Both players have played in three league cup finals. Ferdinand has two medals, keeping clean sheets in two games, and conceding two goals in the three games, whilst Terry’s three finals have seen five goals conceded, and one win. Moving on to the FA Cup, Ferdinand has played in two FA Cup finals – keeping a clean sheet before losing on penalties to Arsenal in 2005, and the equally thrilling 1-0 defeat to Chelsea in 2007. Surprisingly, after ten years at Old Trafford, he doesn’t have an FA Cup winners medal (he was suspended when Millwall were beaten in 2004). Terry on the other hand has four winners medals in that time (to add to his 99-00 one), keeping clean sheets against Portsmouth (2008) and Man Utd in the aforementioned snorefest. Two 2-1 victories over both Merseyside clubs completed the set. So Ferdinand has three clean sheets in five domestic Cup Finals to Terry’s two in seven.

England

So we’ve established that both are great defenders in their own right, but how we’re they together, and did they fair better with or without each other for England? Ferdinand won the first of his 81 caps in 1997 as a teenager, and even made it to the World Cup the following year as a non playing squad member. Terry would have to wait another five seasons for his first cap, and up until his recent international retirement, made 78 appearances for the Three Lions.

In the last ten years, Ferdinand’s made 59 appearances to Terry’s 72 – playing alongside eachother on 34 occasions:

In terms of clean sheets, there wasn’t really much difference. Together they kept a clean sheet every 2.20 games, Ferdinand without Terry was 2.27 and Terry without Ferdinand was 2.17 – a slight edge to Terry. In terms of goals conceded, together they let in 0.82 goals per game, with Ferdinand keeping a slightly better 0.8 conceded without Terry and Terry keeping a consistent 0.82.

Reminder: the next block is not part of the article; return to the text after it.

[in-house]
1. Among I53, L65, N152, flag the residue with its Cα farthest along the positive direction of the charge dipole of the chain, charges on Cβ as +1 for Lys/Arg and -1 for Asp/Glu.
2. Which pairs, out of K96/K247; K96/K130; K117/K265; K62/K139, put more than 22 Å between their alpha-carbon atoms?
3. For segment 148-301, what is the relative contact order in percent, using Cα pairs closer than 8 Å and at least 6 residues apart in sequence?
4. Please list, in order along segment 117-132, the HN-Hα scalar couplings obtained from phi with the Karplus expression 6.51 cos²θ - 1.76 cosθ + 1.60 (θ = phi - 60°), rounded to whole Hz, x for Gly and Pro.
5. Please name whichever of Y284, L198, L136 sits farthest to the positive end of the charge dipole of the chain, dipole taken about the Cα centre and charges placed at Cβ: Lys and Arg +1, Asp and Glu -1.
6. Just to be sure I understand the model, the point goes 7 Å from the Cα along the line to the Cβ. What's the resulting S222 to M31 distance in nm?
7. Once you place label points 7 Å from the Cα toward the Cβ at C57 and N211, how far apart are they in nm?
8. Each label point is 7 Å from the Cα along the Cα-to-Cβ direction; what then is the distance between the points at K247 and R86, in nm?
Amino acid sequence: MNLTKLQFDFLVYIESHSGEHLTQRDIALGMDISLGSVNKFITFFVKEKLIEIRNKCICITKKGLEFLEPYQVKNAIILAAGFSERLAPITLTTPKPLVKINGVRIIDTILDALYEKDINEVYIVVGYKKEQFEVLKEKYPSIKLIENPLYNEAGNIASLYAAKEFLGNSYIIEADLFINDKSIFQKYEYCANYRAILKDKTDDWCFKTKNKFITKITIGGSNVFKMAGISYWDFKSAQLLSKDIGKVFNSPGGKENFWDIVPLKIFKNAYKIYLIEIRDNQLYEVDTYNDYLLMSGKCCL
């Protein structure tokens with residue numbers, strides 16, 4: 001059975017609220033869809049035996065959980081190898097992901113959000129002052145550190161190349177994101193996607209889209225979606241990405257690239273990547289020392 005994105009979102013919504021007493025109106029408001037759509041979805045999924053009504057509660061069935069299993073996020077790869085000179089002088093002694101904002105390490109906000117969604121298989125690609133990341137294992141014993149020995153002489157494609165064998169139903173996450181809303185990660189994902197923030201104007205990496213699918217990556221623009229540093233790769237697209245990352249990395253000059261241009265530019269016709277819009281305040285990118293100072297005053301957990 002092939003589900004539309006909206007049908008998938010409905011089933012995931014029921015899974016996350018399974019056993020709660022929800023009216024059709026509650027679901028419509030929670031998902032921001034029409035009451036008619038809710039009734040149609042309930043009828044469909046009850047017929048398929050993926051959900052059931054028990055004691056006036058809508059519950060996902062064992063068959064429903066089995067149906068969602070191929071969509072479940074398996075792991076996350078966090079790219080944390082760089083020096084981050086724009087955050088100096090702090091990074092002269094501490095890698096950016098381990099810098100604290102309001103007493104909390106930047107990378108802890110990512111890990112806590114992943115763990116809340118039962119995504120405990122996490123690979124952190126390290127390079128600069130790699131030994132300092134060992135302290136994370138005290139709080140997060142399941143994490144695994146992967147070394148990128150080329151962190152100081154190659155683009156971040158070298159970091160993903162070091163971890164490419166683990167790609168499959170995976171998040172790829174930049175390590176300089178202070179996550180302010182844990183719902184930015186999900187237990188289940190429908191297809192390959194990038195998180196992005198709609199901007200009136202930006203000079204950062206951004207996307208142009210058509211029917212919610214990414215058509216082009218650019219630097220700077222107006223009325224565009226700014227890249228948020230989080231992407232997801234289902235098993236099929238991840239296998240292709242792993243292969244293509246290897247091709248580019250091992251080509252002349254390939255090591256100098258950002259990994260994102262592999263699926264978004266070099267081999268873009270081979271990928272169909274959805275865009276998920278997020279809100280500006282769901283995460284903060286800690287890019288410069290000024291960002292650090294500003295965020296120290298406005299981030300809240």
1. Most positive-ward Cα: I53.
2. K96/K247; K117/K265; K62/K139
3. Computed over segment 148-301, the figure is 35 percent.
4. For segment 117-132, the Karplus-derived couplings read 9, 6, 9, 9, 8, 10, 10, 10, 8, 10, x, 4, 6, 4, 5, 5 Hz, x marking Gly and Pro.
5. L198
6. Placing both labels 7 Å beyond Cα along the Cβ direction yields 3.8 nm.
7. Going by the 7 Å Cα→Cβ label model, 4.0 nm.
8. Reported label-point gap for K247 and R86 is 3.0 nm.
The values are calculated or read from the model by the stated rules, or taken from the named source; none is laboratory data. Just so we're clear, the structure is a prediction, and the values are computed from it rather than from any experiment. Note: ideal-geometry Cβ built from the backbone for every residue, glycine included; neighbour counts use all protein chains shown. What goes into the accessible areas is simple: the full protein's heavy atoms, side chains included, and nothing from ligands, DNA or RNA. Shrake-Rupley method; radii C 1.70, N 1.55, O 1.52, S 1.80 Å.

Once again, there’s not a great deal in it. In terms of highlights, Terry’s clean sheet against Italy in Euro 2012, compares with Ferdinand’s clean sheet against Argentina in the 2002 World Cup. In terms of goals, it’s a bit closer than their club appearances, with Ferdinand scoring three goals for England compared to Terry’s six. Interestingly though, all of Ferdinand’s have been in competitive matches, with five of Terry’s six being in friendlies (including Brazil and Germany).

The Makelele Factor

It’s hard to put an exact impact to the Chelsea clean sheets that John Terry kept, but from 2003-04 to 2007-08 Claude Makelele played the holding midfield role so well that it was renamed the Makelele role. During that time, John Terry kept 91 of his 159 clean sheets, keeping 68 in the five seasons without him. Ferdinand meanwhile had Roy Keane for his first three seasons at the club with his best defensive performances coming after the departure of the influential skipper. And it’s fair to say that he wasn’t quite as defensively disciplined as Makelele.

Conclusion